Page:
Monday, December 31, 2012

Top 5 Albums of 2012

Mainstream, indie, and even the indie-mainstream have been bereft of good, major releases this year. When the best that outlets like Paste and Pitchfork can muster are albums by Best Coast, Beach House, Tame Impala, Alt-J, and the Lumineers, it’s obvious that we’ve been dealt a poor hand in terms of new music on the national level.

Overall it feels like the indie-mainstream in particular is waiting for a new movement. The Arcade Fire sound-alikes (which used to be Modest Mouse sound-alikes) have finally worn out their welcome. New Grass (or Banjo-core as I prefer to call it) never had the ability to sustain more than a few bands at a time and with Avett Brothers, Mumford and Sons, and the Lumineers on the scene, that quota has been filled. Like the generic “techno” outbreak in the mid-late 90’s, dubstep isn’t ever going to catch fire in a big enough way nationally and anyway, most of what people are calling dubstep isn’t really dubstep to begin with. And finally, the wispy synth-ish indie-pop movement (see: Alt-J, Tame Impala, and especially M83) isn’t worth taking a second look at and won’t last very long unless something changes.

The airwaves are bored and I couldn’t have picked a better year to dive head first into the Austin local music scene. In 2012 four out of five of my top picks come from artists local to the Austin, TX area. For several of these groups this will be the 3rd or 4th time I’m writing critically about their albums, having covered them for OVRLD earlier in the year. Given that fact, I ask you to forgive me if my blurbs about those albums seems lifted from my previous articles.

1. Balcones by Zlam Dunk
While never intended to be the band’s swan song, “Balcones” nonetheless performs admirably in this regard. Having recently called it quits, Zlam Dunk’s 2012 EP saw the group maturing, both instrumentally and lyrically. While still offering a unique blend of technique and danceable punk grooves, the absence of their debut’s synths along with the return of Charlie Day’s impassioned, raspy vocals create a more personal, introspective space on Balcones. There is a definite theme of coming into adulthood and striking out on one’s own here and while it leaves the EP feeling darker than Zlam Dunk’s previous work, it’s all the more powerful for it.

For fans of: At the Drive-In, Q and Not U, Cinemechanica

2. Lessons on Love, Sharing, and Hygiene by The Capitalist Kids
Austin’s prolific political punks came back this year with their 3rd full length and it may just be their best yet. Here’s the kicker though: it’s full of love songs! “Lessons on Love…” skates gracefully between political snark, finger-pointing anthems, and blisteringly fast ballads in a way that few bands could accomplish. The Capitalist Kids manage to find the goldilocks zone with every song in providing politics without being preachy and love songs without the sap. If you can’t get your toes tapping to this album then you may be a robot or possibly a Republican.

For fans of: Bad Religion, Screeching Weasel, Green Day

3. Arab Spring by Literature
I think it’s safe to call this album Austin’s sleeper hit of 2012. “Arab Spring came out of nowhere early in the year and this first full-length LP by Austin’s Literature has subsequently ended up on the “best of” lists of many major local outlets. Literature play a lo-fi, punkish brand of jangle-pop that’s both catchy and playful. Never overproduced, but laden with poppy hooks, Arab Spring skirts the line between old-school punk and pop like a tightrope walker. The end result is an incredibly catchy collection of songs with a very genuine, DIY feel.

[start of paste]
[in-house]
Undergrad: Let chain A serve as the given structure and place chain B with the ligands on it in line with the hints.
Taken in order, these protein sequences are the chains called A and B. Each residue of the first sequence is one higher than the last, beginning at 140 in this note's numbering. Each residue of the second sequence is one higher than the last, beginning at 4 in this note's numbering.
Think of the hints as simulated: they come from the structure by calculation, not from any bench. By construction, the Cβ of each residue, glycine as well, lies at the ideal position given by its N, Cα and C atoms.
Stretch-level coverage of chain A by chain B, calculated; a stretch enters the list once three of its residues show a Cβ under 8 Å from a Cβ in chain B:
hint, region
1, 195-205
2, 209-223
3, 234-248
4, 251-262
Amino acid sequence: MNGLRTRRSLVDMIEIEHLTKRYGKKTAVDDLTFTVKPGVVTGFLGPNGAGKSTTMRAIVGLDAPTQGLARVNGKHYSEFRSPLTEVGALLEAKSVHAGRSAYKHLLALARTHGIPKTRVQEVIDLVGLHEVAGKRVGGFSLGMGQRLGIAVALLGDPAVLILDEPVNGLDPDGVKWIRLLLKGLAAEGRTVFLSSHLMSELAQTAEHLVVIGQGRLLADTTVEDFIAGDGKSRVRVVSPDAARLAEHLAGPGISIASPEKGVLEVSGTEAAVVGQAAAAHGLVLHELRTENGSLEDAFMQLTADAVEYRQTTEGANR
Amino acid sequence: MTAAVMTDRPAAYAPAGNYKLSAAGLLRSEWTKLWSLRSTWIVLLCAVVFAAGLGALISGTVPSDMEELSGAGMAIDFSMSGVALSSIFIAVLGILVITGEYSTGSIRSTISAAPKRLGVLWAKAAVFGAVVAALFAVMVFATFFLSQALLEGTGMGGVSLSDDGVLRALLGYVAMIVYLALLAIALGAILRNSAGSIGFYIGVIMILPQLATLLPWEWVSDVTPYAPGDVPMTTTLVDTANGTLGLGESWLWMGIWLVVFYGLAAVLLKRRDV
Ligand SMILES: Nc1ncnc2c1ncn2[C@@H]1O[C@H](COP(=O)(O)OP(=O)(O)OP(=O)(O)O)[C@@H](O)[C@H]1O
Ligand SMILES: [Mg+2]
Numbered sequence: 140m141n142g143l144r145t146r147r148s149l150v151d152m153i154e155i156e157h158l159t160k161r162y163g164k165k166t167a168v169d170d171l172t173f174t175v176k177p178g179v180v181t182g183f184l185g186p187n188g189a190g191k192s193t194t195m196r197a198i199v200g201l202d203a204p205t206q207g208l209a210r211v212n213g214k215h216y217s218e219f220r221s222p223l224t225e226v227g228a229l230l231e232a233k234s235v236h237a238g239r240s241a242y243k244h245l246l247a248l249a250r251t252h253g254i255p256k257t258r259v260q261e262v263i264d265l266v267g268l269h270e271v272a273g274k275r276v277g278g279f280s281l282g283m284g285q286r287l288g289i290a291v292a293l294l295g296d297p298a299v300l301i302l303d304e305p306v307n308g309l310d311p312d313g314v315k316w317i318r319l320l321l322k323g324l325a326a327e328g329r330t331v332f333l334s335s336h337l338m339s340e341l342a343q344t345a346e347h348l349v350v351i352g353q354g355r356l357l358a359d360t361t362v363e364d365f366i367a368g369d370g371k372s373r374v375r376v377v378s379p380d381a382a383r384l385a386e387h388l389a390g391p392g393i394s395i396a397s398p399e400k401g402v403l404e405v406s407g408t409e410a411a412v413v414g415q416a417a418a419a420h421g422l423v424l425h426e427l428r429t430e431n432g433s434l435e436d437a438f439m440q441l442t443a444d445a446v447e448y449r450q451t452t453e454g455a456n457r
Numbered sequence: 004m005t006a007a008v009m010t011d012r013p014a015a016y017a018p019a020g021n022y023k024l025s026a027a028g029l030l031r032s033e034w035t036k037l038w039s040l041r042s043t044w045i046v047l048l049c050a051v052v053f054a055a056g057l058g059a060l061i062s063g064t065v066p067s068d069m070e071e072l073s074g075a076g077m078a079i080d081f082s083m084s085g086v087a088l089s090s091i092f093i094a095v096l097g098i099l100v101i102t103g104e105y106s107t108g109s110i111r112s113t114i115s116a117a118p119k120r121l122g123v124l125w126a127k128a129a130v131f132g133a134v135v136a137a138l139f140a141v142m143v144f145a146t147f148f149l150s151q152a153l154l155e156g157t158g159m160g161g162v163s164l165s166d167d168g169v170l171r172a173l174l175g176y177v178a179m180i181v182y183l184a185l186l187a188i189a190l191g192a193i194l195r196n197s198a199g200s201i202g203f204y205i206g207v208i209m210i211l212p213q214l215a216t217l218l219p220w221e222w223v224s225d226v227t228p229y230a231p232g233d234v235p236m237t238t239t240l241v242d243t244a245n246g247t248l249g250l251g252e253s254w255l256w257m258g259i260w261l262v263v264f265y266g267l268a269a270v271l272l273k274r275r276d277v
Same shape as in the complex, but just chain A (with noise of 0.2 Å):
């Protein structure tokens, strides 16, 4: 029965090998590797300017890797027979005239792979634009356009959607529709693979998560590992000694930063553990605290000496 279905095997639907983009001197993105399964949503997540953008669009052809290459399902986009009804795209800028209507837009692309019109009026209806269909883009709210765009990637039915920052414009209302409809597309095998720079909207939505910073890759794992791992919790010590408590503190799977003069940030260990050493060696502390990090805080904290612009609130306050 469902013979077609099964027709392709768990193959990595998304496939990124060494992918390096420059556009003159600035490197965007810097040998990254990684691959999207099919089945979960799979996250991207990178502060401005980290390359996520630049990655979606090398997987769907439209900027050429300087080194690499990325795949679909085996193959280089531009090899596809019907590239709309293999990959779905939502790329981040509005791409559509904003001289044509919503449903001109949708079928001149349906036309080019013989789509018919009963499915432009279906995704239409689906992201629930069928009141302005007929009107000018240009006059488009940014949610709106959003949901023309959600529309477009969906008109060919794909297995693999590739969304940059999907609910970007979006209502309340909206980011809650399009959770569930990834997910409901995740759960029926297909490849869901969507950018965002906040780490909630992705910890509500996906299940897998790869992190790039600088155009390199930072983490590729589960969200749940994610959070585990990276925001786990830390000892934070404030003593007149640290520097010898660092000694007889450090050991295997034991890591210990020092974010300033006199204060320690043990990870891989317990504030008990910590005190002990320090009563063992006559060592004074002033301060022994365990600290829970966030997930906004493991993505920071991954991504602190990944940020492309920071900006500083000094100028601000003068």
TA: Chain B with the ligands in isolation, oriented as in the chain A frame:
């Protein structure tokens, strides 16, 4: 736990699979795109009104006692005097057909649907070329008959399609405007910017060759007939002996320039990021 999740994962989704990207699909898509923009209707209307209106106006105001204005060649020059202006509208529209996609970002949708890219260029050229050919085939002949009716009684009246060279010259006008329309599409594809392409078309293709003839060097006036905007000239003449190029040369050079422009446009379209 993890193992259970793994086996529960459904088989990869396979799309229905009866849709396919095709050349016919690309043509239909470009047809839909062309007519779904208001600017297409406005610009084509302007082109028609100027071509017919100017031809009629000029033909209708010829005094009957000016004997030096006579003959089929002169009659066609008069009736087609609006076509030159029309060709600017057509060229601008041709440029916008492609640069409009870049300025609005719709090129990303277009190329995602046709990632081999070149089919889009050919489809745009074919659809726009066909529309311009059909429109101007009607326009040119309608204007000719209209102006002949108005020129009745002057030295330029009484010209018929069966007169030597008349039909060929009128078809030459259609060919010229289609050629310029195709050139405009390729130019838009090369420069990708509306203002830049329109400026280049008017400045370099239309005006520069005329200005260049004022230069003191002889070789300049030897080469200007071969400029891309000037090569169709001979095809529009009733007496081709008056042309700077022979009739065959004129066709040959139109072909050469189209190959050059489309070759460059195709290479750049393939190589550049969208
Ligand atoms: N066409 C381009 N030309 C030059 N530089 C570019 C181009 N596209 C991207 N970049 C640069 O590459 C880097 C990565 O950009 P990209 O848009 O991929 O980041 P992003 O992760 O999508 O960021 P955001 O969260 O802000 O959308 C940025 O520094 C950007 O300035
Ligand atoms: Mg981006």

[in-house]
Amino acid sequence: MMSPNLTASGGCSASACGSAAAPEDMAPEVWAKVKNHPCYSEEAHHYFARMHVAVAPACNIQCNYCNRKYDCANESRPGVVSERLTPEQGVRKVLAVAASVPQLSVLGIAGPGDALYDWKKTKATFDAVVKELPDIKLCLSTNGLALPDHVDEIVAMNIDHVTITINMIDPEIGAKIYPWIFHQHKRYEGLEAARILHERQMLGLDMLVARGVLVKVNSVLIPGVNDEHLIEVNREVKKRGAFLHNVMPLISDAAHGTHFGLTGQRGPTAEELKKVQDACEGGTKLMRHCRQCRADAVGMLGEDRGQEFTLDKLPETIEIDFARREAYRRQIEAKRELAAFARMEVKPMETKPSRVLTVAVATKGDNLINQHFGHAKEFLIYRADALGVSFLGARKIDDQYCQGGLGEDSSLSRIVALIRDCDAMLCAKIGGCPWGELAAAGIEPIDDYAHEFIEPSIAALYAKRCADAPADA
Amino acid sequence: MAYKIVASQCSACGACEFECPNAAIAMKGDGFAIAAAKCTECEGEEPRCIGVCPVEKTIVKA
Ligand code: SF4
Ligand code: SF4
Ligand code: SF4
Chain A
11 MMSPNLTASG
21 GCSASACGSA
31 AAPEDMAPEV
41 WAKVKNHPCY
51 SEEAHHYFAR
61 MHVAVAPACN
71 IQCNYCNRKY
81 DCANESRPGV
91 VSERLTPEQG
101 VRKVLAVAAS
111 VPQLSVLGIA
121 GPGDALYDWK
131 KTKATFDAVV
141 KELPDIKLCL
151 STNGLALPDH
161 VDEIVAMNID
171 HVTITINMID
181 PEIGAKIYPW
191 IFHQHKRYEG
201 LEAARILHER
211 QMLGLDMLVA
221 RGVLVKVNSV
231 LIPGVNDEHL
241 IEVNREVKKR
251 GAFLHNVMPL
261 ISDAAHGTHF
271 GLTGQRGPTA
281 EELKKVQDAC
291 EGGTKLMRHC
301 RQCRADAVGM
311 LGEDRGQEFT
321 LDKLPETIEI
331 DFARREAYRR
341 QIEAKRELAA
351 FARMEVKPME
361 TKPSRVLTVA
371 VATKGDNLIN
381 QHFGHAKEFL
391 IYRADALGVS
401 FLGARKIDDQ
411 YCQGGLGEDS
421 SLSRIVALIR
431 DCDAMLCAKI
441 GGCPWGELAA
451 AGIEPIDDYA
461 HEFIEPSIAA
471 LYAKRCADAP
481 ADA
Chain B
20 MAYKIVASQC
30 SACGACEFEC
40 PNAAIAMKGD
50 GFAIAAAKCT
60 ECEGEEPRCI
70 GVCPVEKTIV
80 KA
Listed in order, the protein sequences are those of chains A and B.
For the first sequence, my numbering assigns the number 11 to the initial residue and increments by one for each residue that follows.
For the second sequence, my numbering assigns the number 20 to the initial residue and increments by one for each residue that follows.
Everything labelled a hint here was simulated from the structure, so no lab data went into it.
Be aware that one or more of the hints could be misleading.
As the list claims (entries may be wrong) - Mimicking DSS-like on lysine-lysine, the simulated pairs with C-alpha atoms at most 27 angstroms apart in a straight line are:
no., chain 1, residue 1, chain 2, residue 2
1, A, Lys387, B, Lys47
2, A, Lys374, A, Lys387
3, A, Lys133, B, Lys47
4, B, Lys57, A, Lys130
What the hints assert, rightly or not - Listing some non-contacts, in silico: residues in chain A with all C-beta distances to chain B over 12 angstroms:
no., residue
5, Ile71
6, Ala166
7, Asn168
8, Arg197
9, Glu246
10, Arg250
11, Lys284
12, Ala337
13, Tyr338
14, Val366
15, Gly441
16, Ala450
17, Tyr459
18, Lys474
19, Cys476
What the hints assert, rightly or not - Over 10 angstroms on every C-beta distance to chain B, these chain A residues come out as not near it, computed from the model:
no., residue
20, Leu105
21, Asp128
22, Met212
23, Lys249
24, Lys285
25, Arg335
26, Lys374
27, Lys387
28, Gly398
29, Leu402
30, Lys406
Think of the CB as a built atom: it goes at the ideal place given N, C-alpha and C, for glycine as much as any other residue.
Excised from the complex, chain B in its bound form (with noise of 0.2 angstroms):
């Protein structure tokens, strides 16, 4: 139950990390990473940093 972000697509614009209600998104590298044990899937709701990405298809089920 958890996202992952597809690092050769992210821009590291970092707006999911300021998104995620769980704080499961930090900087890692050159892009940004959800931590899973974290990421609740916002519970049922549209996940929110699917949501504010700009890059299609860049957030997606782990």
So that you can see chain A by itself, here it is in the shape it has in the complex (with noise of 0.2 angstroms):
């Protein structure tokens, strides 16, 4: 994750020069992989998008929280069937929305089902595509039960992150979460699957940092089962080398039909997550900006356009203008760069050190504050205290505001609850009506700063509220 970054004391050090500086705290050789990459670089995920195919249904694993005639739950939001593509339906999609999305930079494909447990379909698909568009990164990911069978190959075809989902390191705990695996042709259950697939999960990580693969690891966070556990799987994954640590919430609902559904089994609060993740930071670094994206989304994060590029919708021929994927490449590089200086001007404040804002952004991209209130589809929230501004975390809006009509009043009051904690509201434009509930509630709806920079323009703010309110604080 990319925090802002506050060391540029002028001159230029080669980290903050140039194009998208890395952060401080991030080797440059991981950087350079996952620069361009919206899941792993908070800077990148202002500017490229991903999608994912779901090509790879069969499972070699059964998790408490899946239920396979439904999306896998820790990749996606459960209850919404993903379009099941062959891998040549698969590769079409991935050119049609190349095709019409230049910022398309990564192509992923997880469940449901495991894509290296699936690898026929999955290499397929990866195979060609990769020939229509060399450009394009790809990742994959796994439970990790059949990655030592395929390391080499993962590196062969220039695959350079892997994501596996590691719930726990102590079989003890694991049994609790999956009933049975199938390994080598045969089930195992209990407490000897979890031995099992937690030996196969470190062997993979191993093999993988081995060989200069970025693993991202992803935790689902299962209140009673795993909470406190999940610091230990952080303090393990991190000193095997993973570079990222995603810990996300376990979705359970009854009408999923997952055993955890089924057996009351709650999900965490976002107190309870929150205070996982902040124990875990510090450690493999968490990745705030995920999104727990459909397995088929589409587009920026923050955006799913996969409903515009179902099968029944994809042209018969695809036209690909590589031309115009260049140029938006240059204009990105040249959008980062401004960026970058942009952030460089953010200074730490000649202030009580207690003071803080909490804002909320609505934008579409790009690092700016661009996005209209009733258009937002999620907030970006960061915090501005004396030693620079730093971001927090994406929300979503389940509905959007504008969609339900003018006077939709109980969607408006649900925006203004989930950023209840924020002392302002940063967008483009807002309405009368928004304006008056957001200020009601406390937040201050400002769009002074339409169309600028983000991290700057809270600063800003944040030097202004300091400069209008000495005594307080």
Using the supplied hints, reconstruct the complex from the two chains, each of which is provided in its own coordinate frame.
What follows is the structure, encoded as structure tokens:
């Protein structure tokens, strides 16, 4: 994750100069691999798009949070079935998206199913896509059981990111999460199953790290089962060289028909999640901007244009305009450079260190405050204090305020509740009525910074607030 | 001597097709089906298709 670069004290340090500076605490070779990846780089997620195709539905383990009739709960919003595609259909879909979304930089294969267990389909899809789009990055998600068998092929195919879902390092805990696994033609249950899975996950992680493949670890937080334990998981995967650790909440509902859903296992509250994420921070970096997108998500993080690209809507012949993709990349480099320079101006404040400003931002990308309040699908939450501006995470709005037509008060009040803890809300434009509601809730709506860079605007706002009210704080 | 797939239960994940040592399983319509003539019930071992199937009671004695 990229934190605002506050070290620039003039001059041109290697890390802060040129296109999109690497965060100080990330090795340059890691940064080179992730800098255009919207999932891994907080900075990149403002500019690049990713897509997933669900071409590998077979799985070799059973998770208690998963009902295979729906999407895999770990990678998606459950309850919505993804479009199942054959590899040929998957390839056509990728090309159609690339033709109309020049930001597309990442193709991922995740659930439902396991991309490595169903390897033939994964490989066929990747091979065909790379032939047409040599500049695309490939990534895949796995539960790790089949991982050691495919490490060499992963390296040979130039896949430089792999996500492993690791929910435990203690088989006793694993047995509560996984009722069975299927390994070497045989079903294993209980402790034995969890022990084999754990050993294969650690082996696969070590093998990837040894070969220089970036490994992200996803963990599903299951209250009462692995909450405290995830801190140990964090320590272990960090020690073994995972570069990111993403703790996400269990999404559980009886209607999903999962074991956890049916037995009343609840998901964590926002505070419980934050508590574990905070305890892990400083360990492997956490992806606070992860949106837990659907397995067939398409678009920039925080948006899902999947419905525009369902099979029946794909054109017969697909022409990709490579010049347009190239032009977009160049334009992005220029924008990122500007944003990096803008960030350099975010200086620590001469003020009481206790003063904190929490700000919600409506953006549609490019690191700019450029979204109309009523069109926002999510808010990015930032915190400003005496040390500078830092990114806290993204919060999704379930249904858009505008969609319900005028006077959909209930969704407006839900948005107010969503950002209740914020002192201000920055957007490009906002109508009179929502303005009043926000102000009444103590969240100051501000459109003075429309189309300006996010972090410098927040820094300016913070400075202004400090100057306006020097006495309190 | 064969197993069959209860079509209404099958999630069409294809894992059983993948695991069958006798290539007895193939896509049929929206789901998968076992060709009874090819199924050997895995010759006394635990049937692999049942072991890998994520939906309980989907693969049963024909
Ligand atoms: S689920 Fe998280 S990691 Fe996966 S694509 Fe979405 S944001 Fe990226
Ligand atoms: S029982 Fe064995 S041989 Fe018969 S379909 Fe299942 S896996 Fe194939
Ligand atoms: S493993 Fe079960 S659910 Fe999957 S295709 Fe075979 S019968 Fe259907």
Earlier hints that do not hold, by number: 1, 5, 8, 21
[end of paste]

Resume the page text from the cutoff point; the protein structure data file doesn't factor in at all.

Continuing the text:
For fans of: Polaris (the band that did the songs for Pete and Pete), Vampire Weekend, Talking Heads

4. All Our False Starts by Pswingset
For me to compare an album to the mid-Atlantic post-punk music scenes of the late 90’s/early 00’s is high praise indeed and in my mind Pswingset’s debut LP “All Our False Starts” is worthy of no less. This album is full of the kind of jangly, technical, minor-key, post-punk music that scored much of my 20’s and continues to be a favorite. There’s a moodiness to All Our False Starts that while subtly reminiscent of mid-late 90’s emo, is at once more mature and less affected. The end result as presented on this LP is both gripping and chill.

For fans of: Shudder to Think, Bats and Mice, Sunny Day Real Estate

5. Fang Island by Fang Island
Despite being my #2 most listened to album of 2012, Fang Island’s self-titled sophomore release has to come in at #5 on this list simply for the fact that it’s actually a 2010 release. Fang Island is not your typical instrumental rock band. For one thing, they often have lyrics (though if their 2012 release “Major proves anything it’s that they’re more interesting without them.) For another thing, this is the most positive, feel-good instrumental music you’ll ever hear. Where most instrumental bands tend to lean towards meandering, building epics, Fang Island aim to play fast, loud, and fun. This self-titled album is the perfect demonstration of what these guys do best and though it’s a quick listen that just means there’s plenty of time to hit “repeat”.

For Fans of: People who fall within the middle of a venn diagram of pop punk and post rock

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